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Car & Motorcycle

Finland’s road network is excellent, although there are few motorways. When approaching a town or city, keskusta on signs indicates the town centre. There are no road tolls but lots of speed cameras.

Petrol is expensive in Finland; check current prices at www.fuel-prices-europe.info. Many petrol stations are unstaffed, but machines take cash and most (but not all) chip- and PIN-enabled credit and debit cards. Change for cash is not given.


Car rental is expensive, but rates can work out to be reasonable with advance booking or with a group. A small car costs from €55/200 per day/week with 300km free per day, including basic insurance. One-way rentals attract a surcharge and are not always possible. Book ahead at peak times to ensure a car is available. As ever, the cheapest deals are online.

In larger towns, look out for weekend rates. These can cost little more than the rate for a single day, and you can pick up the car early afternoon on Friday and return it late Sunday or early Monday.

Car-hire franchises with offices in many Finnish cities include the following:

Road Conditions & Hazards

Conditions Snow and ice on the roads, potentially from September to April, and as late as June in Lapland, make driving a serious undertaking. Snow chains are illegal: people use either snow tyres, which have studs, or special all-weather tyres. The website http://liikennetilanne.liikennevirasto.fi has road webcams around Finland that are good for checking conditions. Select 'Kelikamerat' on the map.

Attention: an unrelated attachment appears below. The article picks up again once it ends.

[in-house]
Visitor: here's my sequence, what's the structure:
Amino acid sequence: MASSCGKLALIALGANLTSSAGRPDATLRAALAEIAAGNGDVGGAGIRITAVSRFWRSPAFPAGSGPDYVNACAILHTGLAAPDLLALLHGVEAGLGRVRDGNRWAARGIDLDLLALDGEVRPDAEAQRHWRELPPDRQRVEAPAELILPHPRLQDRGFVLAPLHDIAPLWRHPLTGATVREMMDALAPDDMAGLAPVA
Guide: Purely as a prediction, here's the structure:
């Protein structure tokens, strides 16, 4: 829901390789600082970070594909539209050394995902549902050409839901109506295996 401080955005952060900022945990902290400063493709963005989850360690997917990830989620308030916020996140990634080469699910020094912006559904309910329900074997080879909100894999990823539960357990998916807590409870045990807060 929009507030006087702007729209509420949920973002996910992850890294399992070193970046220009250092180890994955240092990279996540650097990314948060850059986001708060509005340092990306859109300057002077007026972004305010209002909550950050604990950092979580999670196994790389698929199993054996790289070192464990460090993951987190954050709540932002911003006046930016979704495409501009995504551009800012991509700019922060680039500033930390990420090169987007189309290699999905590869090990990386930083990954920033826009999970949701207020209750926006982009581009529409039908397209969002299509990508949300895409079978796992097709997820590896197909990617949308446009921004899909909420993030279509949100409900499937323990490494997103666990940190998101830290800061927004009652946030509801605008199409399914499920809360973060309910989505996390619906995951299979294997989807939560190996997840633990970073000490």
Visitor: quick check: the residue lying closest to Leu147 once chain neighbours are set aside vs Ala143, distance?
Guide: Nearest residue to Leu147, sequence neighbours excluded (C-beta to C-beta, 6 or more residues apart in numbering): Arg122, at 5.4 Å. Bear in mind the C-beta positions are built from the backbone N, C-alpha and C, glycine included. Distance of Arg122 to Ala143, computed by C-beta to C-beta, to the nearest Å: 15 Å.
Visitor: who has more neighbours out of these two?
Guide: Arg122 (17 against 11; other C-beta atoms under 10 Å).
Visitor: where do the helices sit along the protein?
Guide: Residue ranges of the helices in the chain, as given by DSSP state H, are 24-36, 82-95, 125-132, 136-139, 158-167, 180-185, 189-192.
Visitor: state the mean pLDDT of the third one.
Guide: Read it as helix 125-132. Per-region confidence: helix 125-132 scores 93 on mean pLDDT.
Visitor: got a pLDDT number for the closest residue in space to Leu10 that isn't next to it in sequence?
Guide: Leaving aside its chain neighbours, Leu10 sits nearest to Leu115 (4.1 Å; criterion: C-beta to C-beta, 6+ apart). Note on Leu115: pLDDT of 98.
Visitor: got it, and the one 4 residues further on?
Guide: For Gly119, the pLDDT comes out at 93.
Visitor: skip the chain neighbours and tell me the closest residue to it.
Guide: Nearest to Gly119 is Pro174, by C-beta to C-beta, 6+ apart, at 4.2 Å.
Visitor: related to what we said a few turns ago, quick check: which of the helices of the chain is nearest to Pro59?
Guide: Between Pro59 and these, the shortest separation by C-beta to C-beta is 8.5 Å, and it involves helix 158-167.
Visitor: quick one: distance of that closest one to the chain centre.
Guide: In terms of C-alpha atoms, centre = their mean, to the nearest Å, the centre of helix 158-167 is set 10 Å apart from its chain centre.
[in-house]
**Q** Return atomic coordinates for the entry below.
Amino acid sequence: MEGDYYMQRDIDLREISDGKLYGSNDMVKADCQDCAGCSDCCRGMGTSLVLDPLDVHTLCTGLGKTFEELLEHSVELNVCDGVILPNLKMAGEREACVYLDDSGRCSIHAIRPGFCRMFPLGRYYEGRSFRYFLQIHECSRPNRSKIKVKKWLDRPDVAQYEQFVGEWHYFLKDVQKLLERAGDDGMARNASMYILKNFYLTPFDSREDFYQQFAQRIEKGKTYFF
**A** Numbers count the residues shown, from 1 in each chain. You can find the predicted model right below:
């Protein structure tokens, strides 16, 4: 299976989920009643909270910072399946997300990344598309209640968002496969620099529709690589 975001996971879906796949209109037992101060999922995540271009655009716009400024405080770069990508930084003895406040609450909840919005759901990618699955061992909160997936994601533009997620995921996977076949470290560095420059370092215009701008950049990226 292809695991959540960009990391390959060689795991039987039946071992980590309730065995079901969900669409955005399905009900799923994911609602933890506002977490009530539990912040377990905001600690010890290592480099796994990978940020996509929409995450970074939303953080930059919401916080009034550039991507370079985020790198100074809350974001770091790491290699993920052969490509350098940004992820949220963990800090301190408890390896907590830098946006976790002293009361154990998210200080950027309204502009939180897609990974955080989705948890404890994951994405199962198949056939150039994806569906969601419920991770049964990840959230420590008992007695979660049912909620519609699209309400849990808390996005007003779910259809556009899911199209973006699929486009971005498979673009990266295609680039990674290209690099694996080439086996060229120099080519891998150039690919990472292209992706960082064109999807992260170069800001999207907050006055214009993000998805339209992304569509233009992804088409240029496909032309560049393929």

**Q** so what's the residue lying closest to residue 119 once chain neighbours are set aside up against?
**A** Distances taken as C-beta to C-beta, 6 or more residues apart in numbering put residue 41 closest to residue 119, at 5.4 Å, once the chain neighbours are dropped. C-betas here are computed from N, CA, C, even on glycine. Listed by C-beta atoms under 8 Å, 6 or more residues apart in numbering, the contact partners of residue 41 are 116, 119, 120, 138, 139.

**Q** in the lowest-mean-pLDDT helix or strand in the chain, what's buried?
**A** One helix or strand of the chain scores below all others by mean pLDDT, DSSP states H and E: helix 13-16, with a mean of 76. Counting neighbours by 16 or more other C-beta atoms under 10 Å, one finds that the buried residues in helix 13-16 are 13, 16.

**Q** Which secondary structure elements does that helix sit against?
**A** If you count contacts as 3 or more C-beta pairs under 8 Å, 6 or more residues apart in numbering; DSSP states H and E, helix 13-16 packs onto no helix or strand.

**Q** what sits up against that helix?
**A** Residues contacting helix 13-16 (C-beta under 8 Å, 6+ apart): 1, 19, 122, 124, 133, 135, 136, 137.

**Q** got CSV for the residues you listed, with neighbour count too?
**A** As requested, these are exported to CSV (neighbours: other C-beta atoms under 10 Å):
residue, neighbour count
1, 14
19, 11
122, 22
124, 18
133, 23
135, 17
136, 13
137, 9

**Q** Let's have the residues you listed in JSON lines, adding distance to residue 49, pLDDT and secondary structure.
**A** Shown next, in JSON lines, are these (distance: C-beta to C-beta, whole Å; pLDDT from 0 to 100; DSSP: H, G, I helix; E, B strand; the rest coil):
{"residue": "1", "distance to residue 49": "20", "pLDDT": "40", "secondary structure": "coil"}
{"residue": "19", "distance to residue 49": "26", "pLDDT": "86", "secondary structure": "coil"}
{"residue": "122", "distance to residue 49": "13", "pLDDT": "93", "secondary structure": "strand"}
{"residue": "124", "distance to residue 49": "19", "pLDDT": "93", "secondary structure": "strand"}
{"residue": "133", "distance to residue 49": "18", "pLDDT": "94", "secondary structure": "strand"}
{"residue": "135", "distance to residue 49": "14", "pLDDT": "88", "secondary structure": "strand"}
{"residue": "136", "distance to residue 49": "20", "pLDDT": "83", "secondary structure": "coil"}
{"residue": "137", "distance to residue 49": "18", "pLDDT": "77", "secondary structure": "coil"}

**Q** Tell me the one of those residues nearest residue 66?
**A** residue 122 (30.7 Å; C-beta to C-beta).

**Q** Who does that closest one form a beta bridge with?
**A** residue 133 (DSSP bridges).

Wildlife Beware of elk and reindeer, which don’t respect vehicles and can dash onto the road unexpectedly. This sounds comical, but elk especially constitute a deadly danger. Notify the police if there is an accident involving these animals. Reindeer are very common in Lapland; slow right down if you see one, as there will be more nearby.

Road Rules

  • Finns drive on the right.
  • The speed limit is 50km/h in built-up areas, from 80km/h to 100km/h on highways, and 120km/h on some motorways.
  • Use headlights at all times.
  • Seat belts are compulsory for all.
  • Blood alcohol limit is 0.05%.

An important feature of Finland is that there are fewer give-way signs than most countries. Traffic entering an intersection from the right has right of way. While this doesn’t apply to highways or main roads, in towns cars will often nip out from the right without looking: you must give way, so be careful at smaller intersections in towns.